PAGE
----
Let’s talk about Point Of View (POV)

Writers, Point Of View is as important to you as chicks to a mother hen! Guard it jealously!  You may fail on grammar, punctuation, write a novel filled with plot holes, include enough expository dialogue to choke a main drain, and you’ll still capture readers if your plot and characters are relatable. However, if your Point of View is weak, readers will drop you in the snap of a finger.

We live in the attention-deficit age. There in lies the problem. Information overload assaults our brains on a
daily basis. The volume of media, audio, visual, or written in content, overwhelms the best of us. Your work should capture the reader’s attention throughout the story.  Having an interesting story would not be enough. How do we get them to slow down long enough to capture their interest, their time and attention?

We do this by engaging with the ferocity of an angler setting a hook. Choose the wrong bait, tie a weak knot, fail to read the conditions, and you won’t catch a thing. Point of View is the tackle. Readers are the prize. Keep your eyes on the prize.

There are lots of good books and articles on the subject of POV. They describe
the various styles in detail. The choice a writer of fiction makes regarding first or third person POV involves the art of novel writing, the writer’s voice. What this article is going to be centered on is the craft of writing, the techniques one must develop in order to find that voice.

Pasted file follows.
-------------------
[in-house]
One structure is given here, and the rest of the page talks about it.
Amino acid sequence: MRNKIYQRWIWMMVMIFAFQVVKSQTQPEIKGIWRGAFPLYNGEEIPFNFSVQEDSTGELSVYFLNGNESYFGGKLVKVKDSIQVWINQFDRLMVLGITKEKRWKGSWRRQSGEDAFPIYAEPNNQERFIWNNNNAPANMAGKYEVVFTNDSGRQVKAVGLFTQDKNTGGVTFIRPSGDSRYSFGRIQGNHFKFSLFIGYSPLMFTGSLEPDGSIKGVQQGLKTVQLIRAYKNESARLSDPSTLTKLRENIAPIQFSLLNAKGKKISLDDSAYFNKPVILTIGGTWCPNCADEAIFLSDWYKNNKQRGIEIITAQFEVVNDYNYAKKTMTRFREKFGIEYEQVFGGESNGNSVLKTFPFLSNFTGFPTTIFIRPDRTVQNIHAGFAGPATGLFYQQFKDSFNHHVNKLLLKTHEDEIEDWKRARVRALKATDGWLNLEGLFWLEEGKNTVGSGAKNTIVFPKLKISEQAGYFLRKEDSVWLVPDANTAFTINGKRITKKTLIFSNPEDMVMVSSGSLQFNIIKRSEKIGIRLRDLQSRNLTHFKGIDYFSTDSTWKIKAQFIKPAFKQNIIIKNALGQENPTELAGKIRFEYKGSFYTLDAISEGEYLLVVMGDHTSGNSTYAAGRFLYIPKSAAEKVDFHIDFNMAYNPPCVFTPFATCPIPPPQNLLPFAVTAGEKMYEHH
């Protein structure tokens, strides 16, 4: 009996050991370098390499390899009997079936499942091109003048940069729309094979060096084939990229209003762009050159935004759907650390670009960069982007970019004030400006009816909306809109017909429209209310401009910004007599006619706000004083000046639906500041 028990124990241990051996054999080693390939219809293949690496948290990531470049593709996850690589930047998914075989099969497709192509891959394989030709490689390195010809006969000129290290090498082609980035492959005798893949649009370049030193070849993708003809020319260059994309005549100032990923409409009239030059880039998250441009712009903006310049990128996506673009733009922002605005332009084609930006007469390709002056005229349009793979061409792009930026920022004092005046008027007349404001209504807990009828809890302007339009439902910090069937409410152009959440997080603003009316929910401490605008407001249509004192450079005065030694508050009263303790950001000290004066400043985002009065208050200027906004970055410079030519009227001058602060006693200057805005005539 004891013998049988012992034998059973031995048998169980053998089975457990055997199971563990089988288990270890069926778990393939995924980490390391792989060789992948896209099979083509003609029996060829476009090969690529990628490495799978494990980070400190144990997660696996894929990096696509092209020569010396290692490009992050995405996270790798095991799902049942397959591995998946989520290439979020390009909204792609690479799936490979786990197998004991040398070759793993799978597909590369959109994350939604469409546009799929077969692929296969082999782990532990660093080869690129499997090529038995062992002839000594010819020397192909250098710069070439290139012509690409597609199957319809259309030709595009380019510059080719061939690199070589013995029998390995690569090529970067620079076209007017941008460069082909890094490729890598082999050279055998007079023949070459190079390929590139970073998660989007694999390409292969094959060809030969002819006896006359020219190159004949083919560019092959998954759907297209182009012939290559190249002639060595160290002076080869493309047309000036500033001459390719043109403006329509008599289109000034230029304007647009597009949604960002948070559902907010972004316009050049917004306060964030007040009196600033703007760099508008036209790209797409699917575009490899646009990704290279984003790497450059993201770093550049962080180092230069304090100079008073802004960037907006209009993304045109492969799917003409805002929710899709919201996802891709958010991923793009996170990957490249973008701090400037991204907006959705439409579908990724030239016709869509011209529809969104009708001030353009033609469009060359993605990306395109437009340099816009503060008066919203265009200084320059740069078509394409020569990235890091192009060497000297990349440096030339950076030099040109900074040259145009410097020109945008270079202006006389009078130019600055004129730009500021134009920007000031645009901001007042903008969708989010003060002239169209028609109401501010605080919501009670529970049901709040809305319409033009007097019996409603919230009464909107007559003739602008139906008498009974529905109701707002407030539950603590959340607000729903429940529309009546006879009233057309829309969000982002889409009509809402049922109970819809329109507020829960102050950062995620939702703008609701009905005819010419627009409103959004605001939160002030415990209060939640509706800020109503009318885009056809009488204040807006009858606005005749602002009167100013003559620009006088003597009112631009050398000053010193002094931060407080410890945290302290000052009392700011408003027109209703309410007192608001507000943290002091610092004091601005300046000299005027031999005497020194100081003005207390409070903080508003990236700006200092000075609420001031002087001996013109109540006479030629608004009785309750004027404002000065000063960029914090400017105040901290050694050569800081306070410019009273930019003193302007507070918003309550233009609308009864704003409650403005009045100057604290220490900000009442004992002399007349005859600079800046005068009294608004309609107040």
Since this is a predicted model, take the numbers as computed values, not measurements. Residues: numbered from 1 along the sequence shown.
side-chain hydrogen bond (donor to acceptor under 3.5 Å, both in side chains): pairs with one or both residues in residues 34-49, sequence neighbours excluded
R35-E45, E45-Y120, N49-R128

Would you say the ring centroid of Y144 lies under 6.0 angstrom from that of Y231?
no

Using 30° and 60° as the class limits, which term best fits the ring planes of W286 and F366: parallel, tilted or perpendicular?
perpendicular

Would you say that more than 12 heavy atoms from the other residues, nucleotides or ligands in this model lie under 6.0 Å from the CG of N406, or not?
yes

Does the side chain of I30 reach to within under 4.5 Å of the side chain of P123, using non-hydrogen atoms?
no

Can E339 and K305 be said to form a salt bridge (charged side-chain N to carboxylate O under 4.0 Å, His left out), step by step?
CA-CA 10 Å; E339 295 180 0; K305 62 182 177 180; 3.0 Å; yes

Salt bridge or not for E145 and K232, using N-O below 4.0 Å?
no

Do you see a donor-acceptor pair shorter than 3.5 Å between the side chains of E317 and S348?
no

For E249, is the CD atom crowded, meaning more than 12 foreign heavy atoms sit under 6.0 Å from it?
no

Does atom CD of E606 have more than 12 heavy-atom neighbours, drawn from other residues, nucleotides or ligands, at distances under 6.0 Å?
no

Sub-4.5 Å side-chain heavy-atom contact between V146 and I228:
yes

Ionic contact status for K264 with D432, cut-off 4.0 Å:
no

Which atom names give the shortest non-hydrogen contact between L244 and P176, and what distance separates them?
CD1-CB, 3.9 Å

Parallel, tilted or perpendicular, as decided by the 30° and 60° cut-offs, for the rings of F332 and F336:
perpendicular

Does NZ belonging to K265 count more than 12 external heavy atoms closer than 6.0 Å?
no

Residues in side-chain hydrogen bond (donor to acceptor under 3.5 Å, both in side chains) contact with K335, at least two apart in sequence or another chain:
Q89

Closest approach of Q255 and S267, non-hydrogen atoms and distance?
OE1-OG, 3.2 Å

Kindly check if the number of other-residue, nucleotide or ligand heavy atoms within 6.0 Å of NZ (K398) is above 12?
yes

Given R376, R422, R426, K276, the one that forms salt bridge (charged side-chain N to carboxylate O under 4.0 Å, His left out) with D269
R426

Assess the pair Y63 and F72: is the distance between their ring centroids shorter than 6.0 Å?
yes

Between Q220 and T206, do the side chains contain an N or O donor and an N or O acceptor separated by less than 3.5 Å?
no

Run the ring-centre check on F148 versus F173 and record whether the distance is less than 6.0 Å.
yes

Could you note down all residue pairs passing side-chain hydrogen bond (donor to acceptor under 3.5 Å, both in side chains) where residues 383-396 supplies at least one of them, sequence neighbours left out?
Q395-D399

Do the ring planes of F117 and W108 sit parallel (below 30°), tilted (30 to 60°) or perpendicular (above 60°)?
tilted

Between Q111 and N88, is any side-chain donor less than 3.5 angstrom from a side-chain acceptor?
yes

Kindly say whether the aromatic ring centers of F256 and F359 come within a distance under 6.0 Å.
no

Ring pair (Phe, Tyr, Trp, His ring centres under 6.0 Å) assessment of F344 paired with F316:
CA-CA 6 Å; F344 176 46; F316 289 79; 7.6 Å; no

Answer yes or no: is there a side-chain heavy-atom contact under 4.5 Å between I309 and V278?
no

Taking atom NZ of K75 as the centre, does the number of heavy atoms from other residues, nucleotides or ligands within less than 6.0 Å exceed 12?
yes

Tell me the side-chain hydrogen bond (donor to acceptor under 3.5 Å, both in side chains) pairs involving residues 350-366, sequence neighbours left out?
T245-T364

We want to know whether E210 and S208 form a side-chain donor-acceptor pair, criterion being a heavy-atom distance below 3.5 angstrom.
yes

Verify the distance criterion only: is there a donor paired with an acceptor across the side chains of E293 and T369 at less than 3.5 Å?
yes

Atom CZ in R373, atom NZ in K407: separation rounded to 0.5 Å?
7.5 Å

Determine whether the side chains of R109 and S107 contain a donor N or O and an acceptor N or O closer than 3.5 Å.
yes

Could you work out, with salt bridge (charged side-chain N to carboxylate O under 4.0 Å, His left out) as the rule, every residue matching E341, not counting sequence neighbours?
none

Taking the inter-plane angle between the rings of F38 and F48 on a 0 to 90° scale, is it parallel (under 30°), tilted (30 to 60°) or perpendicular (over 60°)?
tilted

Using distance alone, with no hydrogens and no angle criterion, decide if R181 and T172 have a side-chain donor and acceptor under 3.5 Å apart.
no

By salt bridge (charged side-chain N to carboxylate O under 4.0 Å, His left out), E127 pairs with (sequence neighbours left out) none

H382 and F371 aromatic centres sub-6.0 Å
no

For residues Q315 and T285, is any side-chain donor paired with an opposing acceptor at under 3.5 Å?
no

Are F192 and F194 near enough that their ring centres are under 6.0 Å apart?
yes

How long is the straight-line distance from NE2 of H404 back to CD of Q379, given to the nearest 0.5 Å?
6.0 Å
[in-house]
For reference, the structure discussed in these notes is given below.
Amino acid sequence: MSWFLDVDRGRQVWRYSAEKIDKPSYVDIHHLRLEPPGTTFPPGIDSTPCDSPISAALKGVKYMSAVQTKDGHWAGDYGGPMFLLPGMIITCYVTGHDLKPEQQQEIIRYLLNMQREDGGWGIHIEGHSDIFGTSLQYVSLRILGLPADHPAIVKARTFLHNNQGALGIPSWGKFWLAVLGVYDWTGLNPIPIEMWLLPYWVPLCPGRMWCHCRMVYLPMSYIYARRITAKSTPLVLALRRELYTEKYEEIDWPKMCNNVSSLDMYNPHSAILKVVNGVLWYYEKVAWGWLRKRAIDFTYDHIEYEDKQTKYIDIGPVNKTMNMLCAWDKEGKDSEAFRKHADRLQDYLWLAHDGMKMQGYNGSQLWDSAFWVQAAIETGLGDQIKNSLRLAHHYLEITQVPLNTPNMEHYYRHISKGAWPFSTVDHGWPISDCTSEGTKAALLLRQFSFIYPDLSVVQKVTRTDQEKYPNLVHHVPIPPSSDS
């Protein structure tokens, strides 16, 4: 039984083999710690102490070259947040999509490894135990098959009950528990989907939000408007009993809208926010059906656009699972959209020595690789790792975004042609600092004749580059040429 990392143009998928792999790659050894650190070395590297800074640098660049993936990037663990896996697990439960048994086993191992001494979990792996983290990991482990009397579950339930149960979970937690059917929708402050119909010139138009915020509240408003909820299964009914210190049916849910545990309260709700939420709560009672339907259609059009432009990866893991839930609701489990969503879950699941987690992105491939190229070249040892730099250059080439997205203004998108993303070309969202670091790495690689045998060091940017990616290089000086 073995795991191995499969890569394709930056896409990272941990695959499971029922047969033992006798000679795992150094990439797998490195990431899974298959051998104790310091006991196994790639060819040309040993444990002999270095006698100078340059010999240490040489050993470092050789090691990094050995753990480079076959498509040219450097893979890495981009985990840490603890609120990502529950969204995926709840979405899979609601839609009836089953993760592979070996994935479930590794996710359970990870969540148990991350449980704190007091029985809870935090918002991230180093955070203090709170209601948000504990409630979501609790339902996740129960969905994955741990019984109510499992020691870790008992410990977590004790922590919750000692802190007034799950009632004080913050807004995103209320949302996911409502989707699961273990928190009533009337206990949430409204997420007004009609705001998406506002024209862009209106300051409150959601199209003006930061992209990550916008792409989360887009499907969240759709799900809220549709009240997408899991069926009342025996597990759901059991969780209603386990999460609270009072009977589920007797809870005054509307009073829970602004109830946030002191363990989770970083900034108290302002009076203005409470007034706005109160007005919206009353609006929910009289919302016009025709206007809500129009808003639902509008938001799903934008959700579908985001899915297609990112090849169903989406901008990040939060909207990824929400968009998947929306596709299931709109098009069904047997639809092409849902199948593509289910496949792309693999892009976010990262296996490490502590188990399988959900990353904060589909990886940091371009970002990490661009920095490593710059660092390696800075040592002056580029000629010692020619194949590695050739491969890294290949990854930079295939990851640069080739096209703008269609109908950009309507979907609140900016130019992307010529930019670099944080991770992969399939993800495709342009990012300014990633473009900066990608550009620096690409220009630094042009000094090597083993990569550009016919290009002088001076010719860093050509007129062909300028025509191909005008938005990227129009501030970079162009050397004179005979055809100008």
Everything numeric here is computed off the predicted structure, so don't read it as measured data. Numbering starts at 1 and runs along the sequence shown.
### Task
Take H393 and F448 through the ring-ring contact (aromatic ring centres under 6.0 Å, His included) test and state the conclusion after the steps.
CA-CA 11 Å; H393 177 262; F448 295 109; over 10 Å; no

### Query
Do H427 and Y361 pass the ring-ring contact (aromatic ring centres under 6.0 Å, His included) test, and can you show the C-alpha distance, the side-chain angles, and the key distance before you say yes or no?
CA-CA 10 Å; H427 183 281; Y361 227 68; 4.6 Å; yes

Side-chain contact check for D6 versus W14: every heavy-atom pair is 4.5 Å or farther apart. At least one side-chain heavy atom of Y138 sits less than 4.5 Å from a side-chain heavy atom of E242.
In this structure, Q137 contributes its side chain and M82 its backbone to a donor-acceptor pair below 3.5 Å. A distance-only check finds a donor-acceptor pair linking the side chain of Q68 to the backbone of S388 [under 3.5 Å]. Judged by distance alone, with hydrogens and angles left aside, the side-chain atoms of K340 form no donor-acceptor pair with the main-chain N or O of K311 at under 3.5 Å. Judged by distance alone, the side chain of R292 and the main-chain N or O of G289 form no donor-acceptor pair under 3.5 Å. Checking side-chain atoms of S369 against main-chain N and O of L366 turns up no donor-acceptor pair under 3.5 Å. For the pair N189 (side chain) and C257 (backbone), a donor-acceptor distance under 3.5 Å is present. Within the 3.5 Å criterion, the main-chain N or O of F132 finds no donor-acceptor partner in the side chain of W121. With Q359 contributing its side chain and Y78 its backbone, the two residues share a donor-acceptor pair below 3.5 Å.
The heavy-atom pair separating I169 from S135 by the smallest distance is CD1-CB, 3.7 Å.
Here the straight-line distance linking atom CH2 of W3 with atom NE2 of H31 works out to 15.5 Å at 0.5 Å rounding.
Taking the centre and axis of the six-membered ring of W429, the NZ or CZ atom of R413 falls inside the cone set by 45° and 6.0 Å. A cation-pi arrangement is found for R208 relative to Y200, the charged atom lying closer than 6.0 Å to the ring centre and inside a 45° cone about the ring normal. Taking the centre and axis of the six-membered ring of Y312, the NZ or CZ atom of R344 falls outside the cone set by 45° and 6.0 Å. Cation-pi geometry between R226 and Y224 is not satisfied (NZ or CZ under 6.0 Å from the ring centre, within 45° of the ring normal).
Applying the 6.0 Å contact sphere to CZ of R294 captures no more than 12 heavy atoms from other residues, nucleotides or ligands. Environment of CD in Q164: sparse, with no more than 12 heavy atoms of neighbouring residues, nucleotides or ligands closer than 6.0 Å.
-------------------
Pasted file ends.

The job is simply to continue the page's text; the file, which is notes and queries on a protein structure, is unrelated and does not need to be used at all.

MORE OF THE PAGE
You Are Probably Wondering: What Can Weaken POV? 

Well, everything that isn’t dialogue! The POV is established by the dialogue tags, the narration, the setting, and action. If a dialogue tag is in one character’s POV, then shifts to another, for a moment you lose your reader briefly as they try to make sense of the change. You’re making them do the work. Stay with one set of eyes for the reader until you start a new scene or chapter.

The Age Old Advice of ‘Show, don’t Tell’ Would Always Be Relevant

If you’re telling instead of showing, your POV is weak, and you’re almost always in
passive voice and using filters.

Passive voice includes the ‘was-were’ construction and verb phrases. Attach a modifier to a verb, and you’ve become passive.

For instance:

‘The group discussed the subject, but didn’t arrive at a decision’ is active.

‘The group attempted to discuss the subject, but failed to arrive at a decision’ is passive.

Keep your writing in active voice. Try to do more showing, and less telling, and your POV is guaranteed to be tighter and more relatable.

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